STAR rebates in New York: Why tax assessors are ‘vehemently opposed’ to new changes

ALBANY – Tax assessors across New York are ripping a new state law that will mean homeowners earning between $250,000 and $500,000 a year will get a check for their STAR rebates rather than receiving an upfront savings directly in their school-tax bills.

The measure was tucked into the state budget last month and is the sixth change to the popular STAR rebate program that offsets a portion of income-eligible homeowners’ property taxes.

The latest change will create confusion and inequities in the $3 billion program, the New York State Assessors Association warned earlier this month.

“We can agree that with each administrative change there has been confusion among the taxpayers and unnecessary chaos in the assessment community,” the group said in lengthy statement.

About 2.6 million New Yorkers receive the STAR benefit each year, but the state has been making a variety of changes to it in recent years — both as an fiscal maneuver and as a way to streamline the program.

What will change?

The latest change won’t impact who is eligible for the program.

Yet it will impact whether homeowners get their STAR rebate as a check each fall or an upfront savings in their bills, which had been the case for everyone until recently.

And there’s another twist. The state wants everyone in the program to switch to a check: So only those who get a check this fall will get a 2 percent increase in their STAR savings.

“The exemption will not receive a greater savings than received in 2018. This is the dangling carrot to encourage the taxpayer to convert to the STAR Credit,” the Assessors Association.

Several years ago, New York started issuing STAR checks for those who bought their homes after Aug. 1, 2015.

Now it will switch to a check this fall for anyone earning between $250,000 and $500,000, which is the maximum income eligibility for the program.

For everyone else who has owned their homes prior to Aug. 1, 2015, and earn less than $250,000 a year, they will still get the STAR savings in their tax bills, unless they decide they want the check.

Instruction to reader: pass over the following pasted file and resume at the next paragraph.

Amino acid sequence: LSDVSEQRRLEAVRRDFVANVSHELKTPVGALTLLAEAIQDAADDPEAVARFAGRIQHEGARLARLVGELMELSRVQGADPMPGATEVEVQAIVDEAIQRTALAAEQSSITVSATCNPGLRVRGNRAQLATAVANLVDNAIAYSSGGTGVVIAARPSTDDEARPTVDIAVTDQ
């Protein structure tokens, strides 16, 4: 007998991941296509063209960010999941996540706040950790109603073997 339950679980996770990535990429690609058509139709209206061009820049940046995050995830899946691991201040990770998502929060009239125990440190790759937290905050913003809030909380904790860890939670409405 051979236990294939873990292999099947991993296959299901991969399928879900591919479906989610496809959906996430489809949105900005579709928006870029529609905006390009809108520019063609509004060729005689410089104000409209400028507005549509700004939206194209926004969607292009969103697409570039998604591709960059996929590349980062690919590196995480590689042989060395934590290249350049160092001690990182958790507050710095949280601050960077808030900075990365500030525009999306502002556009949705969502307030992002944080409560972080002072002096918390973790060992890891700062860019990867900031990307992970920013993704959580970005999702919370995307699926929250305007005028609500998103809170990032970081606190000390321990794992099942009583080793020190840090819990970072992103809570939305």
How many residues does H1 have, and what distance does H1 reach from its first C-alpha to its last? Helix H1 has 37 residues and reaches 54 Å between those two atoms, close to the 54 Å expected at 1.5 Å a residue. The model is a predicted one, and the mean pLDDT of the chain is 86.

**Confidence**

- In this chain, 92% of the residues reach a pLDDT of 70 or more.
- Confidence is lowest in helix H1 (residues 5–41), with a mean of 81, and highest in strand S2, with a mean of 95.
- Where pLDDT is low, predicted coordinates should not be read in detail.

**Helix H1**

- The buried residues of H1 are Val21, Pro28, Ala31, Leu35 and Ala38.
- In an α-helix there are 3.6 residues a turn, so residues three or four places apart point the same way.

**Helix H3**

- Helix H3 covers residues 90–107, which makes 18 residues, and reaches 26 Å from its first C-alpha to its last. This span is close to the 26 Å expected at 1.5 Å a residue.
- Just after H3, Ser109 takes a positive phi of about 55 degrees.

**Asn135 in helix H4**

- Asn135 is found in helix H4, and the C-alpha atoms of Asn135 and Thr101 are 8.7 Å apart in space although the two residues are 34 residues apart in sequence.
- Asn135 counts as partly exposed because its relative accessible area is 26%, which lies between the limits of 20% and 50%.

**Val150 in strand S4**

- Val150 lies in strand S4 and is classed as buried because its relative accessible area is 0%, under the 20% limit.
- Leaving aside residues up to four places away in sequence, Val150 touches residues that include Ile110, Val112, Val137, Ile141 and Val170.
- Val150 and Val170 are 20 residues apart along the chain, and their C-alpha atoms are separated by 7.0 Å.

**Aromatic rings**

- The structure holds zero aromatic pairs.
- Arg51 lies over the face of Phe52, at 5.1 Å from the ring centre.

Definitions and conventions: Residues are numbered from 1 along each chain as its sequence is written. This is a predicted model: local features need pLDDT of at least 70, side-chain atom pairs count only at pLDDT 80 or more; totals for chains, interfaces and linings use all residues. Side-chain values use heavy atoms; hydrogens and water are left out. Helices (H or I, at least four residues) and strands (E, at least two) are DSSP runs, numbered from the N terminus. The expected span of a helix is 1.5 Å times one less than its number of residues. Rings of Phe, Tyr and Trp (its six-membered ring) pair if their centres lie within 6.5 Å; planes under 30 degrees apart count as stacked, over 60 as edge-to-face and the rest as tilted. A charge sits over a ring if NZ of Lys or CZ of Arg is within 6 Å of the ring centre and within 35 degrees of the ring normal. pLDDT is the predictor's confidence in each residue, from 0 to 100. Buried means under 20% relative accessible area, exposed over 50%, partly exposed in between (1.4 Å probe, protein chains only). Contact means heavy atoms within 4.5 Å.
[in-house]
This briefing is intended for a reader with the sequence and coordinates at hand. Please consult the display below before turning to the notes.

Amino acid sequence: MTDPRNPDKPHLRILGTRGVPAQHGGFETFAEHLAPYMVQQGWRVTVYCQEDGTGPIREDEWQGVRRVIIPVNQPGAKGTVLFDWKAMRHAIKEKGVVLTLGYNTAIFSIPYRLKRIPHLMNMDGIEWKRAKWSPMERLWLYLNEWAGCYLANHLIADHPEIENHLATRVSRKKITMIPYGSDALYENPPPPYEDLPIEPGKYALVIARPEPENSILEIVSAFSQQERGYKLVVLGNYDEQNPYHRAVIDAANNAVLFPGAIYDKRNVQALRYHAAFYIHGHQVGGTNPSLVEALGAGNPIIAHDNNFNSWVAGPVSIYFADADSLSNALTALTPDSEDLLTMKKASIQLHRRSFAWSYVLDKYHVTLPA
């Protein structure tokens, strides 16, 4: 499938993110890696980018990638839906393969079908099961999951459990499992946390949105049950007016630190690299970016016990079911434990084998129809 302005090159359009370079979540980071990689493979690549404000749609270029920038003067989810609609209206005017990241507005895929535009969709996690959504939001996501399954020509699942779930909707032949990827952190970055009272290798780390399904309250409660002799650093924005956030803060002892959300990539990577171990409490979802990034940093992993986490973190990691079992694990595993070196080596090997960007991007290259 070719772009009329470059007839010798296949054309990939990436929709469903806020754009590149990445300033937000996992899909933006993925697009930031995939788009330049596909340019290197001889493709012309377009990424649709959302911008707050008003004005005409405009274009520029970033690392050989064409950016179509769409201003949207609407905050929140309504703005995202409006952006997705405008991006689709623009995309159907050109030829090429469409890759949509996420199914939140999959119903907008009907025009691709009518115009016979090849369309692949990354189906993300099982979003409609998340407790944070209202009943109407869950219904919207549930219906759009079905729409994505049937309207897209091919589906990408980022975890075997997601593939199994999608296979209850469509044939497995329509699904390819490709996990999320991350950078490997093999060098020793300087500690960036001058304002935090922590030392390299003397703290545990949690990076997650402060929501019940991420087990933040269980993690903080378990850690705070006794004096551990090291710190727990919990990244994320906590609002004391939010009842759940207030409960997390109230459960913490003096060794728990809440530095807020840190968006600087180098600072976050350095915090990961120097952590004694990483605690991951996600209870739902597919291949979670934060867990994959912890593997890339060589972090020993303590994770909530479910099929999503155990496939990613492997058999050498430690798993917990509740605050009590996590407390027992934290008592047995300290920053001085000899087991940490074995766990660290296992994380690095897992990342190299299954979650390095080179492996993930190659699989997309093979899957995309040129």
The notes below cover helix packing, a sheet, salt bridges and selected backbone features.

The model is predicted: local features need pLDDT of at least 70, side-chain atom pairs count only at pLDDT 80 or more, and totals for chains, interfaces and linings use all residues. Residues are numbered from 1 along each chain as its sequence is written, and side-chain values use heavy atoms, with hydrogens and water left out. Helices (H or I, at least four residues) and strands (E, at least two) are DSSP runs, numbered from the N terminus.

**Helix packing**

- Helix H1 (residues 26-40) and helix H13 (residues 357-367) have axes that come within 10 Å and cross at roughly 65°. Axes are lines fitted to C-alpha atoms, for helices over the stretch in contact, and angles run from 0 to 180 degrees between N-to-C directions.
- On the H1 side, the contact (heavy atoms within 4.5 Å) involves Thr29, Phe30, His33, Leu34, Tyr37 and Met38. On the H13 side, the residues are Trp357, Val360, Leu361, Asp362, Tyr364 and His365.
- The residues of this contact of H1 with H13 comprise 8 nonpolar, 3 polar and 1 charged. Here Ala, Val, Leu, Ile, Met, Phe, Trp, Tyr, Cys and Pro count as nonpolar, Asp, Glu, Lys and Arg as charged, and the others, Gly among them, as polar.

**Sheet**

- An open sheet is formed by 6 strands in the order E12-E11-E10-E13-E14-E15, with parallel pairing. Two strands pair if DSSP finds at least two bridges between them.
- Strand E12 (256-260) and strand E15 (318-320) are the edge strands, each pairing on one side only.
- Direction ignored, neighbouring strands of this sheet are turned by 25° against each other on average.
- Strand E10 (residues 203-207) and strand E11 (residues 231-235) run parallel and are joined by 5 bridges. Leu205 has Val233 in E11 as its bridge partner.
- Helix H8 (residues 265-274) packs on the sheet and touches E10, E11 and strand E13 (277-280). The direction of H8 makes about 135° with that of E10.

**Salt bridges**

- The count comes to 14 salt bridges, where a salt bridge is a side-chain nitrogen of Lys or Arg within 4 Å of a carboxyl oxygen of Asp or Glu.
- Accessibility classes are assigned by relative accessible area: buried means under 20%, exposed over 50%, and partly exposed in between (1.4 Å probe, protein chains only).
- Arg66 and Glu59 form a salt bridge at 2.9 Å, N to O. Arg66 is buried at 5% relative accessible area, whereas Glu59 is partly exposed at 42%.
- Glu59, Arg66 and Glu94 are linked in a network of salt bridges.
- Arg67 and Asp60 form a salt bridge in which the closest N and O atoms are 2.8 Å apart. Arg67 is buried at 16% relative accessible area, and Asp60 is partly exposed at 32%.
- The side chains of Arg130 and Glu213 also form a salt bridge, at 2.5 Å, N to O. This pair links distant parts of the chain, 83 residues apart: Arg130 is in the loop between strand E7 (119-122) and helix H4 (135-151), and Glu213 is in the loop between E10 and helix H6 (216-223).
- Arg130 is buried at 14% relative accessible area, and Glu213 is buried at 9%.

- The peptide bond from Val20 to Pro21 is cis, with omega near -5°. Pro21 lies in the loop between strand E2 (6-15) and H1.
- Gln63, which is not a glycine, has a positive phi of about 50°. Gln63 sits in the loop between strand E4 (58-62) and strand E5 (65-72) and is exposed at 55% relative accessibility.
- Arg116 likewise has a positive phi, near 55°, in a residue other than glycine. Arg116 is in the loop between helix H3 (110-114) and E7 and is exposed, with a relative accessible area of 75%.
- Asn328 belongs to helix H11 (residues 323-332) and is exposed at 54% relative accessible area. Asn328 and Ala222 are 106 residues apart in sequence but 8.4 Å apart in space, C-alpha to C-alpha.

The change doesn’t impact senior citizens who get Enhanced STAR, which is available to homeowners age 65 and older with incomes of $86,300 or less.

The state has defended the changes, saying it will make the program more efficient and homeowners will receive the checks in time to pay their school taxes, which for most of the state is by Sept. 30.

“By shifting taxpayers to the credit program, the state is able to more efficiently administer the program, strengthen its ability to prevent abuse and separate the STAR savings from the tax bill, making school districts more accountable to taxpayers,” Freeman Klopott, a spokesman for the state Budget Division, said.

Assessors and other critics warned that New York has had trouble in previous years getting all the checks out on time, which could leave homeowners awaiting hundreds if not thousands of dollars when the tax bill comes due.

And if homeowners pay their tax bills through escrow, their banks will likely adjust their monthly payments to account for paying the full tax bill upfront.

“Is the homeowner prepared to pay the full amount anticipating the credit check will arrive on time? Does the homeowner have an escrow account?” the assessors wrote.

“It is important for the homeowner to reach out to the lending institution to ensure their escrow account does not fall short.”

The STAR rebate averages about $800 a year in New York, but more in the New York City suburbs that pay among the highest property taxes in the nation.

“The New York State Assessors Association vehemently opposed these changes to the STAR program,” the group said. “The local assessor was and still is the most knowledgeable entity to administer real property tax exemptions, and STAR was no different.”

Why the change?

When the program started in 1997, schools gave homeowners the STAR savings in their tax bills, and then the schools got reimbursed by the state.

But the state reimbursing the schools showed up on the state’s ledger as an expense.

By issuing checks, the state counts it now as a “personal income tax credit” and it shows up in the state budget as a reduction in tax revenue, not as state spending.

The shift means the state this year could estimate lower its expenses by $238 million.

And since all new home sales come with a STAR check, utlimately all New Yorkers will get a check instead of a savings directly on their tax bill.

“As it is the exemption will diminish over time; there was no need to expedite its extinction,” the assessors continued.

“New York State is creating inequalities amongst those receiving a STAR benefit and is essentially forcing taxpayers to convert to the STAR Credit Check Program.”

What do you have to do?

In order to continue receiving a STAR benefit if you earn between $250,000 and $500,000 or simply want to switch to a check, there is a two-step process.

First, they have to notify their assessor that they are withdrawing from the STAR exemption, which is the upfront tax savings.

Then they have apply for the credit, which is the check.

“Property owners who want to switch to the STAR credit should be aware it is a two-step process,” the assessors association said.

“Follow the instructions for STAR exemption removal and renunciation.”

The group noted that homeowners must file an RP-496, Application to Renounce Previously Granted Exemption(s), with the county director of real property tax services.

Then they have to register with the state Department of Taxation and Finance for the STAR credit check at or by calling 518-457-2036.

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